It’s here: The 75-foot-tall Christmas tree known as the “People’s Tree” has arrived at the grounds of the U.S. Capitol in Washington.

The U.S. Capitol Christmas Tree came via truck more than 3,000 miles from the Willamette National Forest, in the area of Blue River, Ore. It will be lit Dec. 5 at 5 p.m. by House Speaker Paul Ryan (R-Wis.).

A video showed a crew working Monday morning in pouring rain to use a crane to get the large tree in place outside the Capitol.

Getting a large Christmas tree for the Capitol from national forests is a tradition that goes back nearly 50 years. As the tree journeys from where it was grown, it typically stops in about 20 communities along the way. The tree travels on the bed of a truck in a specially built box wrapped in banners.

It is chosen in August by the architect of the Capitol and the U.S. Forest Service. The tree is harvested in early November and then makes the trek across the country.

The tree is often dubbed the “People’s Tree.”

This year the tree is a Noble fir (Abies procera), marking the first time such a tree was picked, according to officials with the U.S. Capitol Christmas Tree program. It will get decorated with handmade ornaments from Oregon residents and will sit on the West Front Lawn of the Capitol.

The tree has to be perfect on all sides, according to the architect of the Capitol. It has to be full and have firm branching to hold the ornaments. But it can’t be too stiff because it has to fit on a tractor trailer.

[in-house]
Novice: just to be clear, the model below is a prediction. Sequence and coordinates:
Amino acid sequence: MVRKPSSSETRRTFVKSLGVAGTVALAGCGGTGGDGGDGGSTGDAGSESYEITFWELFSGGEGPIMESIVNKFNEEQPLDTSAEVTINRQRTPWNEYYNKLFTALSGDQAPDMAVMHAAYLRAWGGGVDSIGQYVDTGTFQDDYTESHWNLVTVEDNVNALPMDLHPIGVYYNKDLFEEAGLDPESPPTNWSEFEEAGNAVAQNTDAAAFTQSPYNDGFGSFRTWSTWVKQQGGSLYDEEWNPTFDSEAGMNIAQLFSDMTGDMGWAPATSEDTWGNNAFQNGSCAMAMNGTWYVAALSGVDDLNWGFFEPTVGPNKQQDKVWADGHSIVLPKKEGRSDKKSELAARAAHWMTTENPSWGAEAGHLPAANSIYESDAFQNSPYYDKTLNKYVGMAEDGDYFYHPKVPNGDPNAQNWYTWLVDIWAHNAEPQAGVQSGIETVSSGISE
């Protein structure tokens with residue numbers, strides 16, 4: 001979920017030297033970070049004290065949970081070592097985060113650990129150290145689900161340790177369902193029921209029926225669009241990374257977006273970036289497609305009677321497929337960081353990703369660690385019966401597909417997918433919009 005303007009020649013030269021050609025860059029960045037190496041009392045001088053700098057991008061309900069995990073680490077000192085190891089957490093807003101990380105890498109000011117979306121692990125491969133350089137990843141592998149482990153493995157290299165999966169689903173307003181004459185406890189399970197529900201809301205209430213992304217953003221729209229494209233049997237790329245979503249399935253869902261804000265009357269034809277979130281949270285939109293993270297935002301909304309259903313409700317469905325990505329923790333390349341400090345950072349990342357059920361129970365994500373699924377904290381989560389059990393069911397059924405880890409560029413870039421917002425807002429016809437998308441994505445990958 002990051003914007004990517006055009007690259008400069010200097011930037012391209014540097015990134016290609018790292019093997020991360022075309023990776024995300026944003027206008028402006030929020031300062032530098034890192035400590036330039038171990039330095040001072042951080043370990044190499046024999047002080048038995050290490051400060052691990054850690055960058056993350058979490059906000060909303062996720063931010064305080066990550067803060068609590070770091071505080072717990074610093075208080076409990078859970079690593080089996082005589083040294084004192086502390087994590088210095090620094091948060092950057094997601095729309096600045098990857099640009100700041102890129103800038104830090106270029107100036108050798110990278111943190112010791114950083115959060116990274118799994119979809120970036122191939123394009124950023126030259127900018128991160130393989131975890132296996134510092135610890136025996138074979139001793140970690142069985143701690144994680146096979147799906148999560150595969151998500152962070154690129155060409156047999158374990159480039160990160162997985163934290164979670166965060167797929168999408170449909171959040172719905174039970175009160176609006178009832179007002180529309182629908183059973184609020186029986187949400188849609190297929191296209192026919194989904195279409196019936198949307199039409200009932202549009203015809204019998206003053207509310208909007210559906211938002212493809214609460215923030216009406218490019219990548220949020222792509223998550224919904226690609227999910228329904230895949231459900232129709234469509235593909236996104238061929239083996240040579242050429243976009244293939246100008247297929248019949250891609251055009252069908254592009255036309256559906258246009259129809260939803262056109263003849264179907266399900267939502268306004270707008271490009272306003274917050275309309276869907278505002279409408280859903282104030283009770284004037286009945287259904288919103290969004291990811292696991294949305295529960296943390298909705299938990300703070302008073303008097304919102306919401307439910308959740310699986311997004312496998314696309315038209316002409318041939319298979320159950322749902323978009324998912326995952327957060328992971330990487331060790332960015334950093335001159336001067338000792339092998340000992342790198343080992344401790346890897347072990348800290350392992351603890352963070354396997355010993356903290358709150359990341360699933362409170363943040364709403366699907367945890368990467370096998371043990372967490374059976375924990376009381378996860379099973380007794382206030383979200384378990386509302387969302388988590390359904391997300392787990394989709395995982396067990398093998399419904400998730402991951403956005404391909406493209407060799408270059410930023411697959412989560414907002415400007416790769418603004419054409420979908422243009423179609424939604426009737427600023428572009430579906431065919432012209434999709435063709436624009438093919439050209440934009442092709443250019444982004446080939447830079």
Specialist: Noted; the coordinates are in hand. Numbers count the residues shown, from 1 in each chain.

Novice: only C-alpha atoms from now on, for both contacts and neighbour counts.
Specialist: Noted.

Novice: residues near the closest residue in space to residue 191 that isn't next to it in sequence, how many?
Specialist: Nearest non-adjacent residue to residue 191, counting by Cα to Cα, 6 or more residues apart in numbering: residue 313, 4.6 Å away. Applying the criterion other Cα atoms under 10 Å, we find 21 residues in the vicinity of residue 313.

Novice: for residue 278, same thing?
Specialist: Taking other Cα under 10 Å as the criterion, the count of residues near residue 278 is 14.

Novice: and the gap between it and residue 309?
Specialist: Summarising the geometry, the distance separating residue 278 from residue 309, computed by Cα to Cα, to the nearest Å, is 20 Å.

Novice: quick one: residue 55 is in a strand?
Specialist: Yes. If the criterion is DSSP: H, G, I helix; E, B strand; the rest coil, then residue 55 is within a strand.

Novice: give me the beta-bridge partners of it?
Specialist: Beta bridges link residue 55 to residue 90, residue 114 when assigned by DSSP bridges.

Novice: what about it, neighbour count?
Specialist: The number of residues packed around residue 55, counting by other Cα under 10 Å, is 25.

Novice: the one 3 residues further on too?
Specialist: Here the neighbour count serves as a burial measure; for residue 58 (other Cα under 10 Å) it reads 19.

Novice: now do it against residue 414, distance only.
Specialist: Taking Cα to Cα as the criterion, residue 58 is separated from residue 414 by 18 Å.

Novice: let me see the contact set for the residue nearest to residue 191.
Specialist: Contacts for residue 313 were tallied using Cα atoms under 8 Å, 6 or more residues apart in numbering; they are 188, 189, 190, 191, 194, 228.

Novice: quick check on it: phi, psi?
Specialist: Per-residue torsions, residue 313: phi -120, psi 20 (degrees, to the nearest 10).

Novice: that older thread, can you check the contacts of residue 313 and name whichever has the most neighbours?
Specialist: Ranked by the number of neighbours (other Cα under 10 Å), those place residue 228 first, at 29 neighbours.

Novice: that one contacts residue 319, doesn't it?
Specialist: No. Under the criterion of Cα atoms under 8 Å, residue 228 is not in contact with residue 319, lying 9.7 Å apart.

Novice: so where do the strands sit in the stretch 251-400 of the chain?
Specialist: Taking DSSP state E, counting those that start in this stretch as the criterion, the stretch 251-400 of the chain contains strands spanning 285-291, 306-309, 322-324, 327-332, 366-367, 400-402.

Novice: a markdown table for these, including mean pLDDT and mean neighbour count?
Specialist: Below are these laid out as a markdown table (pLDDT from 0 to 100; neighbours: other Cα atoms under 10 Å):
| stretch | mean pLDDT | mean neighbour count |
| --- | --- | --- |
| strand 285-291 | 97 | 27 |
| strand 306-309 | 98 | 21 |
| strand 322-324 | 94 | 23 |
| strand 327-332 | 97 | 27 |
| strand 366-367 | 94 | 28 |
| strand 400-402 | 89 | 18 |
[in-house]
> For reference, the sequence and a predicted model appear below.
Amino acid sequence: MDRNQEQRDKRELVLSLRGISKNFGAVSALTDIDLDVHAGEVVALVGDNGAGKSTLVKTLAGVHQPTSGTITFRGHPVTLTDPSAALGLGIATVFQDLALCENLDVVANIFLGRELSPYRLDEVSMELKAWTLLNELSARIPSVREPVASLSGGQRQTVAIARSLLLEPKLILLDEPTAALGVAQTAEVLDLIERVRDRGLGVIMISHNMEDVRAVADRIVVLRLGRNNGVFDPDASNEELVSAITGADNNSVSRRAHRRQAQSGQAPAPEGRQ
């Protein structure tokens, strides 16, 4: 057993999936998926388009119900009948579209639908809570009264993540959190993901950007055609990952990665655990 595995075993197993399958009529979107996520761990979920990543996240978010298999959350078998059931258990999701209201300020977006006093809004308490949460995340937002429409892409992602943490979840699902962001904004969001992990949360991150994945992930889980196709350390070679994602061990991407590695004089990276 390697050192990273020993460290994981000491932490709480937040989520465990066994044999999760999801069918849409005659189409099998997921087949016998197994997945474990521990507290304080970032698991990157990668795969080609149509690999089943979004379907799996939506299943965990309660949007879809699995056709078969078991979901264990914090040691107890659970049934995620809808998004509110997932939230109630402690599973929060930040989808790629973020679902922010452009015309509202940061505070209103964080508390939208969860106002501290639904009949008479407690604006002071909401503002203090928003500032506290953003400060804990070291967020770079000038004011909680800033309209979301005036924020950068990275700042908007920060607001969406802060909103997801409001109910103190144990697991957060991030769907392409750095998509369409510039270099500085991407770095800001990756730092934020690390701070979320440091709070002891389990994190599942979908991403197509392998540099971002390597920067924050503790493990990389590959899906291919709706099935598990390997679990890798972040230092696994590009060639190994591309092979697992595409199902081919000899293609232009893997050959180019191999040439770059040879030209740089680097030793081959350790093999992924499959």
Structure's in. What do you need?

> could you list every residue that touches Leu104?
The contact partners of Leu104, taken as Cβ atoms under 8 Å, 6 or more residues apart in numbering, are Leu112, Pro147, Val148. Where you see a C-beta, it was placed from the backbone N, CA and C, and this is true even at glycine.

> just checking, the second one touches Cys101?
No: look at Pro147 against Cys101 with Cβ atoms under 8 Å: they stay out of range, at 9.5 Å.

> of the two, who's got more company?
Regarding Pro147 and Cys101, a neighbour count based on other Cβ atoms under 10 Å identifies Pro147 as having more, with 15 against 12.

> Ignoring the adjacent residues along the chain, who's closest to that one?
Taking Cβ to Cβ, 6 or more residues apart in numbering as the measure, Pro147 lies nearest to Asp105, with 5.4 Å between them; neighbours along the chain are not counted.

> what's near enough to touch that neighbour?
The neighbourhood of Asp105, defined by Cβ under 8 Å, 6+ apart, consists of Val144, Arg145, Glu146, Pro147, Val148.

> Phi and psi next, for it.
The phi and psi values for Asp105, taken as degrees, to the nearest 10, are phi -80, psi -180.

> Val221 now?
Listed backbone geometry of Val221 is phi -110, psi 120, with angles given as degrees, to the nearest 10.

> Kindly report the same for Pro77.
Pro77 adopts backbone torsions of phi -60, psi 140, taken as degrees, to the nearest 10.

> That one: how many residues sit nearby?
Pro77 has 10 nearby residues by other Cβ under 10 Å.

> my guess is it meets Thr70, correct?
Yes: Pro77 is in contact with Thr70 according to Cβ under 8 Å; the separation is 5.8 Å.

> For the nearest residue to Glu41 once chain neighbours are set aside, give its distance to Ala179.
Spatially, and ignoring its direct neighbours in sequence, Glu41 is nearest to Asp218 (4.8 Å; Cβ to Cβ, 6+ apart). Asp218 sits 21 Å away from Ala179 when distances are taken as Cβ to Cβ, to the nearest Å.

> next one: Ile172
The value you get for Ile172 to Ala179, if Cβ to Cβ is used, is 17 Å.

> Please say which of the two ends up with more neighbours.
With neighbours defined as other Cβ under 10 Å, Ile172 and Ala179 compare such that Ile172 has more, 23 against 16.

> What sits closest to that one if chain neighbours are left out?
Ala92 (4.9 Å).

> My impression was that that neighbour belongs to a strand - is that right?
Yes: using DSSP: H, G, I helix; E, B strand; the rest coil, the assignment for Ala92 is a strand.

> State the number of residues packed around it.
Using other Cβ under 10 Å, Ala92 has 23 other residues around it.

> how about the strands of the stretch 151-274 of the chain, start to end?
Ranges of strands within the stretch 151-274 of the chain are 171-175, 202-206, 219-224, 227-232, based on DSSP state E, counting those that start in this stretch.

After a search across areas of lakes, roads and even near an air strip, officials said they found a perfect tree in the wild. It was sitting about seven miles off a logging road at the bottom of a valley in a moist area.

Jim Kaufmann, the director of Capitol grounds and arboretum for the architect of the Capitol, wrote in a blog, “Trees growing in a natural habitat do not grow like a farm grown Christmas tree.

"Nature grows these trees not to be a perfect visual specimen, but to survive.”

The tree he spotted had “great symmetry,” and where it stood made it easier for equipment to get in to harvest it. Kaufmann wrote, “The tree was looking like it was the one!”

This isn’t the only famous Christmas tree in Washington. The other is the White House’s National Christmas Tree. That one is a living tree that stays in place, standing about 47 feet tall. It has handmade ornaments made to represent each state and is lit by the first family.

This year, the National Christmas Tree will be lit Nov. 28 with a ceremony that includes live performances. Tickets to the event are free but are given through an online lottery that took place in October.

The first lighting of the National Christmas Tree took place on Christmas Eve in 1923 by President Calvin Coolidge.